The God Who Makes House Calls
June 23, 2018 Pastor: Rev. Lloyd Gross
Verse: Luke 1:69
The Nativity of St. John the Baptist
THE GOD WHO MAKES HOUSE CALLS
One great change my generation has observed is that doctor's no longer make house calls. There was a time when many physicians devoted their afternoons to visiting patients who were even moderately ill. That is no longer available. But God has not changed like that. Our text for today tells the story of God who made a house call on Zechariah, the priest. This was the beginning of His great house call on the world, when He would send the Messiah, Jesus, to be the Great Physician.
In this preliminary house call, God set in motion the birth of St. John the Baptist. St. John is the only person in the New Testament, besides our Lord, who is called "great." Most saints are celebrated on the day they died. Not John. He was sanctified before he was born, reacting in the womb as his mother greeted the mother of our Lord. St. Luke tells us that St. Elizabeth was six months along in her pregnancy with the Baptist when our Lord's conception was first announced. So the Church, in determining the quarter days, set the birth of John a half year apart from Christmas, with the Annunciation half way between. Both of John's parents were of priestly families, from the tribe of Levi, while Jesus was on both sides of the family from the House of David. John lived as a Nazirite, one who performed the most strenuous of life styles, while Jesus lived in freedom. John's parents were elderly, while Jesus was born of a virgin. All of these were God's metaphors for showing us that in John we have the end of the old age, and in Jesus the beginning of the new.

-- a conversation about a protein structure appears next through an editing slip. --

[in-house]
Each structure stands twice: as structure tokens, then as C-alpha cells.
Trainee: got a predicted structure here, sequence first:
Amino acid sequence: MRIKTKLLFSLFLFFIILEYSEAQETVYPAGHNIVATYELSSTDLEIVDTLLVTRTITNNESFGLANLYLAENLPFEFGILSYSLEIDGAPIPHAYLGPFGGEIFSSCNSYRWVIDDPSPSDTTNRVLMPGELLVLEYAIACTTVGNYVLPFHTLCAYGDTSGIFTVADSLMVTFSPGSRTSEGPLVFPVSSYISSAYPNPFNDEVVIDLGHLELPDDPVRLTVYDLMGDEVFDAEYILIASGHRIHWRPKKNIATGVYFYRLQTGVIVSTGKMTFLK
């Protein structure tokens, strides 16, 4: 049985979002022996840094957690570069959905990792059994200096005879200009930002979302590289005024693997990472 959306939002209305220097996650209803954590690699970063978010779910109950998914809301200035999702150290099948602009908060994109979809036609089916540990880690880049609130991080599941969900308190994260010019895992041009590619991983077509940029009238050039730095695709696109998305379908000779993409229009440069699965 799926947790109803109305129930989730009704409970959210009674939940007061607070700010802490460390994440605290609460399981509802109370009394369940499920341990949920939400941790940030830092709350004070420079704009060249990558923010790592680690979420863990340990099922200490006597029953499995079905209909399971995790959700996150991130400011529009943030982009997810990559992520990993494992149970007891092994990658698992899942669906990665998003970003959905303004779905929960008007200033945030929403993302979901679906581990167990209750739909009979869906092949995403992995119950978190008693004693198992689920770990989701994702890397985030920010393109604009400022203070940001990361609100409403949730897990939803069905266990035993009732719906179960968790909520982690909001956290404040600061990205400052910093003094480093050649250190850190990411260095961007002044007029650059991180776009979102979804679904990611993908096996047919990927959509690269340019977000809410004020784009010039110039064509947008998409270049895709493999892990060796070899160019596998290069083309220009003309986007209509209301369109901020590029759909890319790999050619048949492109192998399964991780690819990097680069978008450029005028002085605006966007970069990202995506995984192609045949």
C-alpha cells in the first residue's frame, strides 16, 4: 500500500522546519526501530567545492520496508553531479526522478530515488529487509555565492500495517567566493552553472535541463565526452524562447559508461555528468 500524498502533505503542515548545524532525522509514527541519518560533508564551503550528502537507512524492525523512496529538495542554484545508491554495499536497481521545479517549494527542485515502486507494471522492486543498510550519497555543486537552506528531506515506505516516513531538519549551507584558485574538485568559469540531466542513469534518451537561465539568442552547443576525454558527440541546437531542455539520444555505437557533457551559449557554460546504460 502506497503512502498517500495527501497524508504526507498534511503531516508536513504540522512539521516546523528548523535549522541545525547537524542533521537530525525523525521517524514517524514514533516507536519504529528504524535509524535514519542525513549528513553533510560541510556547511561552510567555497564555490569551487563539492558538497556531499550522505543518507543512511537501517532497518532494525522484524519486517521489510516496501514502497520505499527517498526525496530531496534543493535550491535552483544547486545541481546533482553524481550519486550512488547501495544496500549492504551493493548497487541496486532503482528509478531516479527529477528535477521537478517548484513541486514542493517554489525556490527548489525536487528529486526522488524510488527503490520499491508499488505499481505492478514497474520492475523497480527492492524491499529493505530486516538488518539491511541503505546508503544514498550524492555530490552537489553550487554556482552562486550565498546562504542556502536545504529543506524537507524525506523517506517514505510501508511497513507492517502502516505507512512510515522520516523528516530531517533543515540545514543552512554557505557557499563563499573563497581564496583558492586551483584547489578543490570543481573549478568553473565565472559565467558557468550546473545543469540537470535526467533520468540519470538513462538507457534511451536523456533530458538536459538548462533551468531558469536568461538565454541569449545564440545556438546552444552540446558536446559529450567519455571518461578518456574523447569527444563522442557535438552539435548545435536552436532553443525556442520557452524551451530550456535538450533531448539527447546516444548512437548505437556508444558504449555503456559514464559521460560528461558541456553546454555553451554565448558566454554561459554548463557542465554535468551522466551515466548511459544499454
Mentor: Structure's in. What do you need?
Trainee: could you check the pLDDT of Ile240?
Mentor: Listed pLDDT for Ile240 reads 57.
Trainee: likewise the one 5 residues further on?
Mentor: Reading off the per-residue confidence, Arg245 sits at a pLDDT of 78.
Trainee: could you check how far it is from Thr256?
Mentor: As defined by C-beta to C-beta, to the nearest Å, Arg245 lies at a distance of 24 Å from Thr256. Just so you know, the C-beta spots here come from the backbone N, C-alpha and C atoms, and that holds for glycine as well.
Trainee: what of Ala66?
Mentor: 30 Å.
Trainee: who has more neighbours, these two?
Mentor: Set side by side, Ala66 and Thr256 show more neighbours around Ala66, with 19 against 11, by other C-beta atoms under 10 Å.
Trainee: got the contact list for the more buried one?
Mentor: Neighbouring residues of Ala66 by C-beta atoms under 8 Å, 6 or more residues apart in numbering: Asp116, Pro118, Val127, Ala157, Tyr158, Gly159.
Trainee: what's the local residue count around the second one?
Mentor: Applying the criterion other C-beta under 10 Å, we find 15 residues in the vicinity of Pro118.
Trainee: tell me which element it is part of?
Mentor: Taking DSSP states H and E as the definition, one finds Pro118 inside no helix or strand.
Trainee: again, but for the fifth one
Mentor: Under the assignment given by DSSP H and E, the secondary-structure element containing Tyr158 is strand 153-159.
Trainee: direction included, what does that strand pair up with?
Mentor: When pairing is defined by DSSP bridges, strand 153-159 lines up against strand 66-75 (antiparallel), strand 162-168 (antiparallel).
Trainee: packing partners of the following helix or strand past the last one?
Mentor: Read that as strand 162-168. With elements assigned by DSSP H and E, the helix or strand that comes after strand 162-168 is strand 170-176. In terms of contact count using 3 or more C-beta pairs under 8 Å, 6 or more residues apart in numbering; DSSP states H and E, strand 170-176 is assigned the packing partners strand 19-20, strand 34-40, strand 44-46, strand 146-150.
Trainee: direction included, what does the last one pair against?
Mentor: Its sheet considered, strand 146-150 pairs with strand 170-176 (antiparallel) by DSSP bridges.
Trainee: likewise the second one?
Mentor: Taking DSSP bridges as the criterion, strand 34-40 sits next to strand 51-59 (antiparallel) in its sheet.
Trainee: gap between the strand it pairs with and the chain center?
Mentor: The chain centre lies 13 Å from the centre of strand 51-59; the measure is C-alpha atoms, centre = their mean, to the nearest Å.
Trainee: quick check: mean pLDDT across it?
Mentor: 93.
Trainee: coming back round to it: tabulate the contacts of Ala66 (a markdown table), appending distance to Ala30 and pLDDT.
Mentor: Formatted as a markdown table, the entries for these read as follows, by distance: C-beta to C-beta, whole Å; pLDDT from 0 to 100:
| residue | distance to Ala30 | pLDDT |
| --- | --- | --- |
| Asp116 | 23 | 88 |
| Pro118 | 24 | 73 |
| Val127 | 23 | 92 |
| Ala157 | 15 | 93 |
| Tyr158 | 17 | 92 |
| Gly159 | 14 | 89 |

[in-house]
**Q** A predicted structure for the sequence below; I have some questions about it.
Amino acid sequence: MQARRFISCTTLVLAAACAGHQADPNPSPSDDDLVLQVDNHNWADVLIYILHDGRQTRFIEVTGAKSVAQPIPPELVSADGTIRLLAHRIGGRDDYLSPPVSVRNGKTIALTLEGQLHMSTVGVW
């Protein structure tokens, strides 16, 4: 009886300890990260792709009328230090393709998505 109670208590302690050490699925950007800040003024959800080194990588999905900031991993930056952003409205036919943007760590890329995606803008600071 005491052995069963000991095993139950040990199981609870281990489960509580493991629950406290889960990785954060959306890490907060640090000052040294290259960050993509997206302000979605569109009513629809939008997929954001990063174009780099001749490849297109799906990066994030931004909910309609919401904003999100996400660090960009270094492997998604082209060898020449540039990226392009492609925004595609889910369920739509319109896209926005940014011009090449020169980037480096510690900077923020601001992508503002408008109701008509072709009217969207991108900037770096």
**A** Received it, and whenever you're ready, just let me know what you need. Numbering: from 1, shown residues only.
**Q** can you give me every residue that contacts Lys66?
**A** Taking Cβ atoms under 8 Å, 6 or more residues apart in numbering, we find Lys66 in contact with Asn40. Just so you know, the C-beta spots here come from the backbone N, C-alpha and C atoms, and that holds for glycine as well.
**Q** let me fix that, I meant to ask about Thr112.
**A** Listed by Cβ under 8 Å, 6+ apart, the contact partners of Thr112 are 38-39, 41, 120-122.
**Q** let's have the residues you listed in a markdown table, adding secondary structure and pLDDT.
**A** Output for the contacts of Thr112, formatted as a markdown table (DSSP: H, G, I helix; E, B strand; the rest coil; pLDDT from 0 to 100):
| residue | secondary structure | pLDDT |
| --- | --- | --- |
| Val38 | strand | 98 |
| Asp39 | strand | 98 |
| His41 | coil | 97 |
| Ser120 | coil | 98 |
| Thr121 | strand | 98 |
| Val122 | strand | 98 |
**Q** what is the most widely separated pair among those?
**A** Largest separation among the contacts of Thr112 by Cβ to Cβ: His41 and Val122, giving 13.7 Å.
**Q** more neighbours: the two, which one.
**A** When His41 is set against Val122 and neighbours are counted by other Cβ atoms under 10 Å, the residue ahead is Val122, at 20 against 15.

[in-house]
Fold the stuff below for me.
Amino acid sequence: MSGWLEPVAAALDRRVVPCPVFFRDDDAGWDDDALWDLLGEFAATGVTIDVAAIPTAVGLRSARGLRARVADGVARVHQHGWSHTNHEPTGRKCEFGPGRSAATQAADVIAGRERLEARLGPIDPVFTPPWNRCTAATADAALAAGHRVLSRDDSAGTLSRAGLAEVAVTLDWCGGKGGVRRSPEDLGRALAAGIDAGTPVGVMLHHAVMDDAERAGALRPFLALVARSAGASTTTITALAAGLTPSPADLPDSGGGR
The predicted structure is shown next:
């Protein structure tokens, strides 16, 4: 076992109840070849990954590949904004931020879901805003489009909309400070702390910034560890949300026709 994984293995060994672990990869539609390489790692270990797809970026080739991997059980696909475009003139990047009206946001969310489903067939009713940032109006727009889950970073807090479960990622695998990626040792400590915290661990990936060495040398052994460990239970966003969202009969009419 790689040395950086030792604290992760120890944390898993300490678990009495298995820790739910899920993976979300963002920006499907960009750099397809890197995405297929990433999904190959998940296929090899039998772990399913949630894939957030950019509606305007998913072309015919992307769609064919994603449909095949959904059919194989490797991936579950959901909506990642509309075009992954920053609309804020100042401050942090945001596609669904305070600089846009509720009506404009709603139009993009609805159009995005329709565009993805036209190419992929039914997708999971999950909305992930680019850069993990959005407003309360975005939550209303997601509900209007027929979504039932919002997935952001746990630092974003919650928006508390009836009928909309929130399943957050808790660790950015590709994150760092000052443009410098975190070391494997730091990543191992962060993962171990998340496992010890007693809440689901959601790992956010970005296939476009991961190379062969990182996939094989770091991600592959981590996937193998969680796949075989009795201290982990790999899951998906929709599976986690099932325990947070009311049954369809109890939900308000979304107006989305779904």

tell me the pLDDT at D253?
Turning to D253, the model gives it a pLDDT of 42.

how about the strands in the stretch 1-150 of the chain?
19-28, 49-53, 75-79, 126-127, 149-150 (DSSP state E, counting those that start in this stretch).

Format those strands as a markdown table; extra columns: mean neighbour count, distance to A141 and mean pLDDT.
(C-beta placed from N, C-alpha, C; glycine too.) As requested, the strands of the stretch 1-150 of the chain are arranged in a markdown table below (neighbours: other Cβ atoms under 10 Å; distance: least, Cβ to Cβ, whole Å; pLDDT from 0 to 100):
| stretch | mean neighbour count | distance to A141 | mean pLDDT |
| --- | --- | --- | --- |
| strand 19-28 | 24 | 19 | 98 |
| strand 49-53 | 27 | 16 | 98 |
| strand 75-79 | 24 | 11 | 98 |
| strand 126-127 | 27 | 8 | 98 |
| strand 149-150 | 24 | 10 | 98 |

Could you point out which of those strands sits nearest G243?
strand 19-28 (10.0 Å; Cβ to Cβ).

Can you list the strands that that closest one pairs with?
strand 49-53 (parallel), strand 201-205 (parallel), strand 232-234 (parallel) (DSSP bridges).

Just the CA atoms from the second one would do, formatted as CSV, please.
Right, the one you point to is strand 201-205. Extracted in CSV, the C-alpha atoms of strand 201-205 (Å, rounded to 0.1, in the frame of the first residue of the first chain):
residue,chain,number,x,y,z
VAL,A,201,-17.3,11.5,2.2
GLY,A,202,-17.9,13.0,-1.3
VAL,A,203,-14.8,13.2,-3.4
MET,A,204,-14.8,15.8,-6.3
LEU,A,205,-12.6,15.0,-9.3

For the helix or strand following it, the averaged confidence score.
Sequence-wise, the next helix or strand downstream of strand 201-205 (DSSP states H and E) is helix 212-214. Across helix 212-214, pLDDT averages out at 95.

Zechariah's ailment was that he was speechless. He had been ever since the angel in the temple told him he would have a son. Zechariah had been burning incense when the angel appeared, again, symbolic of the fulfillment of the ceremonial law. God's house call came when all the relatives were there for the baby's circumcision, when he would be given a name. God in His mercy opened the mouth of Zechariah, allowing him to tell everybody that the baby's name would be John. After that Zechariah could talk. Did he ever have a lot to say! He broke forth into a song of praise, which we call the Benedictus. It is in our hymnal on page 38. In this great hymn Zechariah gave thanks for sending the Messiah, then prophesied about his son who would prepare the way of the Lord.
Notice that Zechariah called Jesus a "horn of salvation." We don't use that expression today, but consider the depth of it. A horn is first of all a weapon, a means of deliverance. Then it is a musical instrument, like the shofar, to celebrate deliverance. And third, it is the container of the holy oil for anointing prophets, priests, and kings. So we read in Psalm 89, I have found David, my servant, with holy oil I have anointed him … I will beat down his foes before him …my faithfulness and mercy shall be with him; and in my name his horn shall be exalted. Or consider Ezekiel 29: On that day I shall cause a horn to spring forth to the house of Israel, and I will open your lips among them. Imagine how that last clause applied to Zechariah. But that prophecy was as much for us as for him. Our foes are many, but we can rely on the Horn of Salvation, our King who will utterly defeat them. They flee in His name.